The service would reach 95% of the U.S. population, including rural communities and small towns, thus helping achieve goals set by Obama and Federal Communications Commission to connect “every part of America to the digital age,” AT&T said.
“They’re saying, ‘You let us buy T-Mobile, and we’ll provide faster wireless to 95% of the U.S., including rural America — isn’t that great?’” said Kevin Roe, a technology analyst at Roe Equity Research.
To counter concerns about the merger, AT&T also is predicting better wireless service for its customers.
“I think it’s going to vastly increase voice quality and position us for much better data speeds and access as well,” said Andy Shibley, AT&T’s vice president and general manager for the Los Angeles region. But he would not say whether the deal would lead to lower prices for AT&T customers.
Lawmakers aren’t yet sold on the deal, given the increased industry consolidation that would take place. House and Senate committees have promised hearings.
“Congress must take a close look at the plan to ensure that the proposed merger promotes a healthy and competitive telecommunications market,” House Judiciary Committee Chairman Lamar Smith (R-Texas) said.
Though the FCC is an independent agency and the Justice Department’s antitrust division usually is shielded from political interference, the White House can wield influence. For example, Obama probably will nominate a replacement this year for Democrat Michael J. Copps — whose FCC term ends at the end of the year — before a regulatory decision is expected.
Officials at the White House, FCC and Justice Department declined to comment.
Analysts and antitrust experts said that any approval would have to come with tough conditions, such as forcing the new company to give up some of its airwaves in certain markets to allow for continued competition.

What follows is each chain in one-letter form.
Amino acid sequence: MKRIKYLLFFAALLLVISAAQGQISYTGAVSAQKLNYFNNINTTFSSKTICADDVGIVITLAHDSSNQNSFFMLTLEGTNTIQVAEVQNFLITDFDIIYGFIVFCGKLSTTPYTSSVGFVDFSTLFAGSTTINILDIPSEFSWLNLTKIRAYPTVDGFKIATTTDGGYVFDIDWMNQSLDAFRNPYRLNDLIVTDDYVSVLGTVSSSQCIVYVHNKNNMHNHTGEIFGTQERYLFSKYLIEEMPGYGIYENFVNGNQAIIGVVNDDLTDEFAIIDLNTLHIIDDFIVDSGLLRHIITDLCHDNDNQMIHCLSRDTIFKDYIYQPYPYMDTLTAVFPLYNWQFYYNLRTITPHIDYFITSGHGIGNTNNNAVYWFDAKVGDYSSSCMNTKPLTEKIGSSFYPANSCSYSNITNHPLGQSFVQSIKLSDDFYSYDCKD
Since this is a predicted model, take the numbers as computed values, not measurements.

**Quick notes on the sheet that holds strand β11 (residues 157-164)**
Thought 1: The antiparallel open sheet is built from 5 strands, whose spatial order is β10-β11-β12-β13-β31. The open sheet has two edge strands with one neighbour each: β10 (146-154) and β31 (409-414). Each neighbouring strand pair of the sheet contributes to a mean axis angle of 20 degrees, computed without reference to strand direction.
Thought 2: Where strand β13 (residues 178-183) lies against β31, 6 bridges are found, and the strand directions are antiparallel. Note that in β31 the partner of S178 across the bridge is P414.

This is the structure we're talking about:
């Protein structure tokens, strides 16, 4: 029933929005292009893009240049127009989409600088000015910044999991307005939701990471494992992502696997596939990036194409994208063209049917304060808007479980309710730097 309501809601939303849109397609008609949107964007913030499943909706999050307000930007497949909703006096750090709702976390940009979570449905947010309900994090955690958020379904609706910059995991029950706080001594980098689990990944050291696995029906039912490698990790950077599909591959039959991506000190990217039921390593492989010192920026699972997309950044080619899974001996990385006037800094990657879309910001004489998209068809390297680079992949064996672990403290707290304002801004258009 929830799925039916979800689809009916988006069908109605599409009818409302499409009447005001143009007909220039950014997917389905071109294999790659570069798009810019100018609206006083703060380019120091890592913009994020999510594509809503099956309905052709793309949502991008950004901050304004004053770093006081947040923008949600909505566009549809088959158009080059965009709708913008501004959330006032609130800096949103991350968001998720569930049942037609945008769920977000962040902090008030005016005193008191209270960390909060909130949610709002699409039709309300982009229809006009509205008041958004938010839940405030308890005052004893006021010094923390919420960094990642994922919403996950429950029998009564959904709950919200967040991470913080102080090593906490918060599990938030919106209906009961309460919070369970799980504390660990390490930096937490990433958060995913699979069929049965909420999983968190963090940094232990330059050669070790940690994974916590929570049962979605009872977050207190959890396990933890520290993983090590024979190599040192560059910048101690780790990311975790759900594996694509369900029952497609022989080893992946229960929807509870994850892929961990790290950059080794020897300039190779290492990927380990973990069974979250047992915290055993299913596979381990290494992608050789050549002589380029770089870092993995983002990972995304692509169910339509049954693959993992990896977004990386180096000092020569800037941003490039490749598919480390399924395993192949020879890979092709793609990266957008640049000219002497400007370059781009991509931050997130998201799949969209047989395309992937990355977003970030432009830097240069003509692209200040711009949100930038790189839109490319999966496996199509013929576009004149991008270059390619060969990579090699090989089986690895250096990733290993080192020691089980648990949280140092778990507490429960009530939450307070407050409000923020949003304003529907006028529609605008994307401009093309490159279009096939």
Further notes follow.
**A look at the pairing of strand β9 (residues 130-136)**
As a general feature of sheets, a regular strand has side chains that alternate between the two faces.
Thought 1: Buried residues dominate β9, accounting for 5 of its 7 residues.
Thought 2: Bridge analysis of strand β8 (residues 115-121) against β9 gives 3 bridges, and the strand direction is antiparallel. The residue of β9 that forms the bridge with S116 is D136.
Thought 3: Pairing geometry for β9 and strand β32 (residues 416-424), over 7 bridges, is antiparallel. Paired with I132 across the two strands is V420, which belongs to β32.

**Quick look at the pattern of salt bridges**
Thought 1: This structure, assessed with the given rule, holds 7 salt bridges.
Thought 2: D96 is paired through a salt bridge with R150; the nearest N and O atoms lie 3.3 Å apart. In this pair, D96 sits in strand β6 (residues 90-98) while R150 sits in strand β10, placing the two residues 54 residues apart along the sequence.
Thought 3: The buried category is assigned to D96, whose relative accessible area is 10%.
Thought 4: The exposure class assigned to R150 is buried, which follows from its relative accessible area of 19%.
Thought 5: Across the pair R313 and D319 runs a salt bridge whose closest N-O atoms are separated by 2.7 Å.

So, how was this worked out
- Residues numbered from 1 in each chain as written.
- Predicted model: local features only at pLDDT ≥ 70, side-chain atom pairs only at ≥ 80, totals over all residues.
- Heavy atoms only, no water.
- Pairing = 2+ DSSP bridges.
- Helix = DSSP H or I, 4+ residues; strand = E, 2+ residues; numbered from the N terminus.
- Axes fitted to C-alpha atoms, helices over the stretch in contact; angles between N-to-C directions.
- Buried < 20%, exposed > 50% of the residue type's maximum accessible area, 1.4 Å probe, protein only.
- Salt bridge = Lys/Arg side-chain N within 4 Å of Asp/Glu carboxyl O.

The FCC also could require AT&T to abide by tough rules guaranteeing open Internet access on its expanded wireless network, even though last year FCC Chairman Julius Genachowski pushed through so-called net neutrality rules that angered many Internet providers and congressional Republicans.
Such conditions usually aren’t permanent, but they still could demonstrate that open Internet access isn’t an onerous burden for wireless companies, said Mark Cooper, director of research for the Consumer Federation of America.
Other conditions targeting high early termination fees and text message charges could help make the wireless market more competitive, Cooper said.
“Use the merger as a lever to fix all these problems,” Cooper argued. “They will comply, they will make the model work, and then you’ll have the proof positive that what you wanted can be extended to the rest of the industry.”
Cooper said his view isn’t shared by other public interest advocates, who have strongly criticized the deal as harming competition.
“You’ll have public interest opposition. You’ll have industry opposition,” Cooper said. “There’s no doubt it’s going to be a humongous regulatory battle.”
Times staff writer David Sarno contributed to this report.